My new writing watchword is..

…..texture. I think it’s always been a dominant feature of my writing and more importantly, what I have always looked for and responded to as a reader. I just didn’t really have a word for it before.

Boiled down texture is detail. I used to refer to it as such, but I’m liking the new word. It speaks to something that is woven into the very fabric of your text. Not a separate element, like description but something that works through every element. Texture arises directly as a result of its base fabric. You don’t get bobbles in silk and slubs in wool… And in order to find the texture it will force you to immerse yourself in the situation, live it and in doing so reveal problems you might never have otherwise seen.

It will prevent your hero from becoming a Mary Sue, or John Boy, whatever the male equivalent is (I heard it was Wesley Crusher, but The Big Bang Theory might have ruined that..) texture cannot be perfect. It’s not inherently imperfect either; it’s too small for one, it has no shape of its own, designed only to give definition to what you have set up. Think of it like thorns on a rose or grit on the road; the subtle little touches that give your story traction and hold your reader close.

Some texture can do its job so well, that it sticks in people’s minds, they copy it, others copy it, and it becomes so familiar it becomes cliché. The whole point of texture is that it pops out. Cliché is smooth, so well-worn in our psyche that our eyes glaze right over it.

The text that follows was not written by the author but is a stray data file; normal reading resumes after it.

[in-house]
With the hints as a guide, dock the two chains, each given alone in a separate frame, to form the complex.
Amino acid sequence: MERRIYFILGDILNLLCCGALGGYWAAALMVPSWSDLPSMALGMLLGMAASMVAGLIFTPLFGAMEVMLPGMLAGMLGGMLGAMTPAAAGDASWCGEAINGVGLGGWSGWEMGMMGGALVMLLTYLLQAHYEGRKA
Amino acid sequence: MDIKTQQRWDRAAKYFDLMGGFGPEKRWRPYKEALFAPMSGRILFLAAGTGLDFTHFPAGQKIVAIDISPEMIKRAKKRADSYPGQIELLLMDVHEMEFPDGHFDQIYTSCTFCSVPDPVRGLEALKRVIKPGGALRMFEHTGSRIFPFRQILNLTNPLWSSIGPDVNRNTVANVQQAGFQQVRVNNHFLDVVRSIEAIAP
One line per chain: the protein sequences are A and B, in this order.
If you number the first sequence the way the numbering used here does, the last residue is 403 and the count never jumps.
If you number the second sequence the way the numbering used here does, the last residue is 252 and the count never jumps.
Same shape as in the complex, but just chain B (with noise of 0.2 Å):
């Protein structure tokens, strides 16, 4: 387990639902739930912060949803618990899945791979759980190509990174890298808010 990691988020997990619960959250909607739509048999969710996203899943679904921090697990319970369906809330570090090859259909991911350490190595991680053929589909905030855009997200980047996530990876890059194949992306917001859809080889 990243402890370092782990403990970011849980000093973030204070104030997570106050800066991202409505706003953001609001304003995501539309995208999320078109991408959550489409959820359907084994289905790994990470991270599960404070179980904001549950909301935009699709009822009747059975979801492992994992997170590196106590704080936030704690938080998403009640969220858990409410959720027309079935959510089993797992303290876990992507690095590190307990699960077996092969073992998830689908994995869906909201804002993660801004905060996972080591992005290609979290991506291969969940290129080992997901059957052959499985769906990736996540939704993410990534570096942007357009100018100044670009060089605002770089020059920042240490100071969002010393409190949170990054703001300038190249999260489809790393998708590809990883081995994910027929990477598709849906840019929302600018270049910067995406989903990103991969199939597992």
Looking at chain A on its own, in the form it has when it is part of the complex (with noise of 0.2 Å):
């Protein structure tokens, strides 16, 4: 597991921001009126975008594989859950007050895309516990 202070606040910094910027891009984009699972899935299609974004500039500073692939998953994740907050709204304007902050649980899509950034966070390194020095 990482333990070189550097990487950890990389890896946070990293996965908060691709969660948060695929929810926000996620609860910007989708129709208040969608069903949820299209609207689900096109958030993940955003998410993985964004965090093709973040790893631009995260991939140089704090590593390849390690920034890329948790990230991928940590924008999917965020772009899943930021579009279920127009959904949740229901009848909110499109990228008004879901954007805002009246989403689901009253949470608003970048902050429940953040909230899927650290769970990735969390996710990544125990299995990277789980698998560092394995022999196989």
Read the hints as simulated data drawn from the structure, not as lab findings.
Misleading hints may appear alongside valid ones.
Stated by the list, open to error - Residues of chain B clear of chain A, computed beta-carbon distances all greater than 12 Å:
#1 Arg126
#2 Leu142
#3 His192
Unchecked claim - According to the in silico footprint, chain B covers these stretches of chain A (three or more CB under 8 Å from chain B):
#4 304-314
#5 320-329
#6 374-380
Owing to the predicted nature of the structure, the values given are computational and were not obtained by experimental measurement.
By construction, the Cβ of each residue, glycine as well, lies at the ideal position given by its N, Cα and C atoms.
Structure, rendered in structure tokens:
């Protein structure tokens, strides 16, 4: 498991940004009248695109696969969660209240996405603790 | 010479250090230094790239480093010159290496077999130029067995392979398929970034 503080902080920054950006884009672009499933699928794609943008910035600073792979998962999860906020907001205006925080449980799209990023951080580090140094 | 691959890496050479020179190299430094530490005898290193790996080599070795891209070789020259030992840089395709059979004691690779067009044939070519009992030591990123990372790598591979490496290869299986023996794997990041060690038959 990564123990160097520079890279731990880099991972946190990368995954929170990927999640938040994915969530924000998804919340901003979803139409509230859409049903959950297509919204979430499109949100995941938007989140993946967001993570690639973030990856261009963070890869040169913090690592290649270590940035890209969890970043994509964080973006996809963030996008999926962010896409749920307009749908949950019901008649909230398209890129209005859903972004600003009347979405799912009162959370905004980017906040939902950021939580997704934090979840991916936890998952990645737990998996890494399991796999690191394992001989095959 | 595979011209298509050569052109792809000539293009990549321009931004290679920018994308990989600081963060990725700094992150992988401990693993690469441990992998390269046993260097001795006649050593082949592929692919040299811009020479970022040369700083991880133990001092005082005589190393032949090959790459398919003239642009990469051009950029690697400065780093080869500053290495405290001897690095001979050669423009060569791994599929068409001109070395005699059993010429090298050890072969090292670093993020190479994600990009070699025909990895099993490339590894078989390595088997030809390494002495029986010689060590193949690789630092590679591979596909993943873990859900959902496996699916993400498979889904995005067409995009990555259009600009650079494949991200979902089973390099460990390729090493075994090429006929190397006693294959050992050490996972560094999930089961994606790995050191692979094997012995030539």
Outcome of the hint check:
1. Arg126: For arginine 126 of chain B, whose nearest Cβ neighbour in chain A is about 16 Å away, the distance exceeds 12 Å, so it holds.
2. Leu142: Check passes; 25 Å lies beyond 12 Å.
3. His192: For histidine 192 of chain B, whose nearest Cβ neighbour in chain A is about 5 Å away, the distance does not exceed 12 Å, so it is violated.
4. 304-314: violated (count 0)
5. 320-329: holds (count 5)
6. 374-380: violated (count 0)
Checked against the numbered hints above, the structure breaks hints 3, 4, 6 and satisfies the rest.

However, anyone well-read can usually avoid it and indeed it can allow you to continue to use formulaic set ups and make them seem fresh. Play it right and you can reinvent the wheel. It can be tricky. You have to get inventive or get personal. As writers we often overlook, quite deliberately, the ordinary minutiae of our own lives. Ordinary is boring, ordinary is not what we are looking for when we read, ordinary is what we are looking to escape. And if you were talking about building scenes and plots round ordinary, I’d probably agree with you, but ordinary is where texture lives. Ordinary has the dual effect of being able to help make your situation and your protagonist relatable to your reader and yet at the same time every person’s experience is intimately unique.

And you don’t have to keep reinventing the wheel. A million details can begin with a single stitch. It is in essence a repetitive pattern and consistency is essential. Thus something which begins as a major plot point, can, if you carry through, become your texture.

Take the epic destiny of young Wizard Harry Potter. Epic destiny is perhaps the most overused trope in fantasy, yet it is one of the fundamental idiosyncrasies of his story. Harry’s destiny is no matter of fate but rather chance and for the first six books he is celebrated as a hero for an act he carried out in the crib. Rowling takes this large twist and weaves it through every book… it becomes part of the different plots – Gilderoy Lockhart, the prophecy of Sybil Trelawny…. part of his relationships – Ginny idolising him, Rita Skeeter zeroing in on him… part of the background – his scar, strangers constantly coming up to shake his hand, the choice of his wand and so on…

But to really appreciate how this is texture you must keep breaking it down –  Ginny squealing and running out the room, the way Gilderoy uses him as a photo opportunity – to its nitty gritty essence and see how it pervades almost every page…


2 thoughts on “My new writing watchword is..

    1. So do I 🙂 Its so subtle too, and easy to overlook. I think the trick is to live the story with your characters, but think of it in slow motion so you can notice everything.. :p


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